Assembled in the manner of a triptych and yet functioning as a single entity, Parnaso belongs to a series of six works completed by Giulio Paolini between 1977 and 1979 (M. Disch, Giulio Paolini: Catalogo ragionato, vol. I, Milan, 2008, n. 375, 384, 394, 395, 404, 416). Carrying the same title and structure, these works toy with the idea of pictorial perspective: presenting two trapezoid canvases, symmetrically placed at either side of a central panel, each of them creating a trompe d’oeil effect aimed at transforming three canvases into the very illusion of the space that they purport to portray.
Executed between 1977 and 1978, the present work is the only one in the Parnaso series to present the insertion of a three-dimensional object in its central panel. Jutting out of the canvas, precisely where the linear perspective of the composition converges, a wreath of laurel leaves meets the eyes of the viewer. Emerging directly from the canvas, it invites the viewer to image the existence of an ‘elsewhere‘ beyond the white, seemingly impenetrable surface of the canvas: the representational space of painting from which its image has literally ‘surfaced’. In doing so, the wreath of laurel leaves - symbol par excellence of the poet, hence the artist - seems to reiterate art’s, and more precisely painting’s mimetic power. Its three-dimensional reality, however, ultimately discredits this very claim by a parallel mechanism in which its physical presence undermines the illusory spatial construction created by the two lateral canvases. Cut into trapezoid shapes and cunningly manipulated along the edges to evoke, through nails and shadows, the impression of a receding surface, the side canvases aim to create the illusion of space, forming on the flat wall, the conventional scheme of a room perceived through linear perspective. The tactile, real spatial dimension of the wreath of laurel leaves, mockingly placed at the fulcrum of this spatial construction, inevitably discredits the make-believe dimension of the scheme, pointing to perspective’s, -and consequently painting’s - shortcomings in sustaining the illusion of representation.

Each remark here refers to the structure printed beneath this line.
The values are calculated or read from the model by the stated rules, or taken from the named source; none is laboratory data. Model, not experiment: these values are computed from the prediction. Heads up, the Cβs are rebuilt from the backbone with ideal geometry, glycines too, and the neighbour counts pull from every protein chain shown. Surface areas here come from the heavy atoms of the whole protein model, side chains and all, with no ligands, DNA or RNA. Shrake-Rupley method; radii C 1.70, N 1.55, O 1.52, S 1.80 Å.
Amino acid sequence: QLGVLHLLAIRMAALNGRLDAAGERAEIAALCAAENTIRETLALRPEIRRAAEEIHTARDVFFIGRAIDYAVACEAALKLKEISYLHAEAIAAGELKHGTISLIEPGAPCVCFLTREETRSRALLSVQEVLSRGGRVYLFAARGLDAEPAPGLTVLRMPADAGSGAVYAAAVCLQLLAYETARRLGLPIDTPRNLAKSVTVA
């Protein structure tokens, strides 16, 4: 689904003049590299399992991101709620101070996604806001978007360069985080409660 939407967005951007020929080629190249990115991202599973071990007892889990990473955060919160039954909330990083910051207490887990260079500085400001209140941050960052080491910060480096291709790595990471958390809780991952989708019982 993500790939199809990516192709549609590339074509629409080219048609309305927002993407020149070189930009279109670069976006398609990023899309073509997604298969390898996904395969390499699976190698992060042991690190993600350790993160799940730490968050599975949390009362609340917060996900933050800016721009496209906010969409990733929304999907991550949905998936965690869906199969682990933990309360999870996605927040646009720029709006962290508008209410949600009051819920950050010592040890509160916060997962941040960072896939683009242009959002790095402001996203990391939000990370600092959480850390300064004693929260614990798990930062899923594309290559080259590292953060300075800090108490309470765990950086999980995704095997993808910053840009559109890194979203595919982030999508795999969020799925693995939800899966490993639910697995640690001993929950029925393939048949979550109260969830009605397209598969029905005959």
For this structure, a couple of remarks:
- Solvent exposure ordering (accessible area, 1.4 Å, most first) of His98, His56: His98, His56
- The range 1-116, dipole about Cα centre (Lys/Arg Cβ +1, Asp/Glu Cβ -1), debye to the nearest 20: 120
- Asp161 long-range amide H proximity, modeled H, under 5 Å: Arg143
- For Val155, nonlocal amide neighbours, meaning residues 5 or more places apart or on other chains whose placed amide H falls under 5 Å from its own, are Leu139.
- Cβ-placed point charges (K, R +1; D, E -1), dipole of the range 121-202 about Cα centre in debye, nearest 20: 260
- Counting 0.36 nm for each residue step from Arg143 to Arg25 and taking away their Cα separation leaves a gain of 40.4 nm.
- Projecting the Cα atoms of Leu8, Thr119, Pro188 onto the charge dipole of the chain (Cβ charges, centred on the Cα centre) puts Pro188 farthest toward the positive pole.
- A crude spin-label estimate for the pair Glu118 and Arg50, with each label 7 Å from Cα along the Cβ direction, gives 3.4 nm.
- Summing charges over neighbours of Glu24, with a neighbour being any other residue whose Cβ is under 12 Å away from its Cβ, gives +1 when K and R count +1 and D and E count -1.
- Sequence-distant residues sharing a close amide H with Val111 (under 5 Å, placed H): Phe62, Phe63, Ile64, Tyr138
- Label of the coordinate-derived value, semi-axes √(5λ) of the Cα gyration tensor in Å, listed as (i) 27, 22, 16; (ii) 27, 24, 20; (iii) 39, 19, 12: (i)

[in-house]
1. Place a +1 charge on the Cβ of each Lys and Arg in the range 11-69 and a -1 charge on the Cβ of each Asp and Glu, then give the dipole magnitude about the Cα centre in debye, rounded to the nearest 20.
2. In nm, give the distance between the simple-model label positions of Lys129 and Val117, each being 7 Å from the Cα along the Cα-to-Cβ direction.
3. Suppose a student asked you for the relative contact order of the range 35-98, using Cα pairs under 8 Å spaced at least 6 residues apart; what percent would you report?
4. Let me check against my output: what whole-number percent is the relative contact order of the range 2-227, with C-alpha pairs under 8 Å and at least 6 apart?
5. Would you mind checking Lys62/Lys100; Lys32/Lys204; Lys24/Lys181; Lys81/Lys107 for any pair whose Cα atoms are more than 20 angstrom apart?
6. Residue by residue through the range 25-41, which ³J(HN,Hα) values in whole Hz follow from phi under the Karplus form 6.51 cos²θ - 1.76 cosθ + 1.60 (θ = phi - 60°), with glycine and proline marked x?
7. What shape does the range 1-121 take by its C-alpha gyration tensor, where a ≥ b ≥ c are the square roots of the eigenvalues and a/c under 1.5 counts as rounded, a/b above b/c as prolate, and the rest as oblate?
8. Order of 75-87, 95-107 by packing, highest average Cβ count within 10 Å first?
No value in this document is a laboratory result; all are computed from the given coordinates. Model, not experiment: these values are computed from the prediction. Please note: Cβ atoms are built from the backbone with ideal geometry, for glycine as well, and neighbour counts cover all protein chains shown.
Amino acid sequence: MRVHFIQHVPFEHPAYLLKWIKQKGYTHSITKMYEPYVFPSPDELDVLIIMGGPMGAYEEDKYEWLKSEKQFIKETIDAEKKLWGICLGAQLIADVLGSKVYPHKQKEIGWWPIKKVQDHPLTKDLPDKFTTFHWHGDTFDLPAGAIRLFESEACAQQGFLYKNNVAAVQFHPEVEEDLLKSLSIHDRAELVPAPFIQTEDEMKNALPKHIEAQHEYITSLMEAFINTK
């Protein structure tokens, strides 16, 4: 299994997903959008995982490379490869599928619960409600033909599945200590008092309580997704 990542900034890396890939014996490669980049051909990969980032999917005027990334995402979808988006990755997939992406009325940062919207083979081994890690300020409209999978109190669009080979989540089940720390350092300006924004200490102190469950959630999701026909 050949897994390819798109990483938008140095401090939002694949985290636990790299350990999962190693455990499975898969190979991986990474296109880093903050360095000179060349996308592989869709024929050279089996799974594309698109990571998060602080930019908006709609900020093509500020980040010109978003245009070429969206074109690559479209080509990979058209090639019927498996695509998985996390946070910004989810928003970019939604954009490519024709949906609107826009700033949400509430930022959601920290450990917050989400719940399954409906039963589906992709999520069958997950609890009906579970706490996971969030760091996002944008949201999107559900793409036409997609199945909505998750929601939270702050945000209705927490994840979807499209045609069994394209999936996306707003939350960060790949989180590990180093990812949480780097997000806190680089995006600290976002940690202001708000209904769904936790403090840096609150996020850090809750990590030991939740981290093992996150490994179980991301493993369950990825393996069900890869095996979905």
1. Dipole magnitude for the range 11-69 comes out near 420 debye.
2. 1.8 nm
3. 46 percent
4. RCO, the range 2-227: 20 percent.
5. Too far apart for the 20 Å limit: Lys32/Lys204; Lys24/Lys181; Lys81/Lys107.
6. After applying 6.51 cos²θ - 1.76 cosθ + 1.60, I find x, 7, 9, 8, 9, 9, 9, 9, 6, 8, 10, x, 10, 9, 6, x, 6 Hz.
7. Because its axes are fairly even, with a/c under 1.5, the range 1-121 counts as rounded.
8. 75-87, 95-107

It is through such discourse on perspective and illusion that Parnaso seems to establish the most interesting connection with the Classical world evoked by its title. A real mountain possessing mythological significance, the Parnassus was designed in Greek mythology as the abode of Apollo and the Muses, thus becoming the symbolic sanctuary of poetry and artistic inspiration. The reference is reinforced by the inclusion of the laurel, a plant that was sacred to Apollo. Through such direct references to the Classical world and through the work’s own focus on mimetic pictorial perspective, Paolini seems to pay homage to the Classical figure of the artist as someone able to conjure reality through the artifice of his art. Yet, it was in that same Classical world that art - especially mimetic arts such as painting - found their fiercer enemy. In his Republic, for instance, Plato mercilessly banned all arts grounded on illusion from his ideal city because of their treacherous, dangerous nature. According to the Greek philosopher, they were like ‘shadows’, agitated at the end of a dark cave to distract our gaze from the empirical world, thus impeding our knowledge of it. Looking at Parnaso, one could wonder whether it is not ultimately Plato’s suspicion for mimetic art to float in the shadow cast by the wreath of laurel leaves over the illusory space formed by three, flat, empty canvases. Affirming his detachment from mimetic art, and opening the door for a whole new set of creative possibilities, Paolini had once admitted: ‘I think I belong to that phase of contemporary art referred to as conceptual’ (G. Paolini, quoted in ‘C as in Conversation’, p. 81, in Giulio Paolini: Fuori programma, exh. cat., Bergamo, 2006).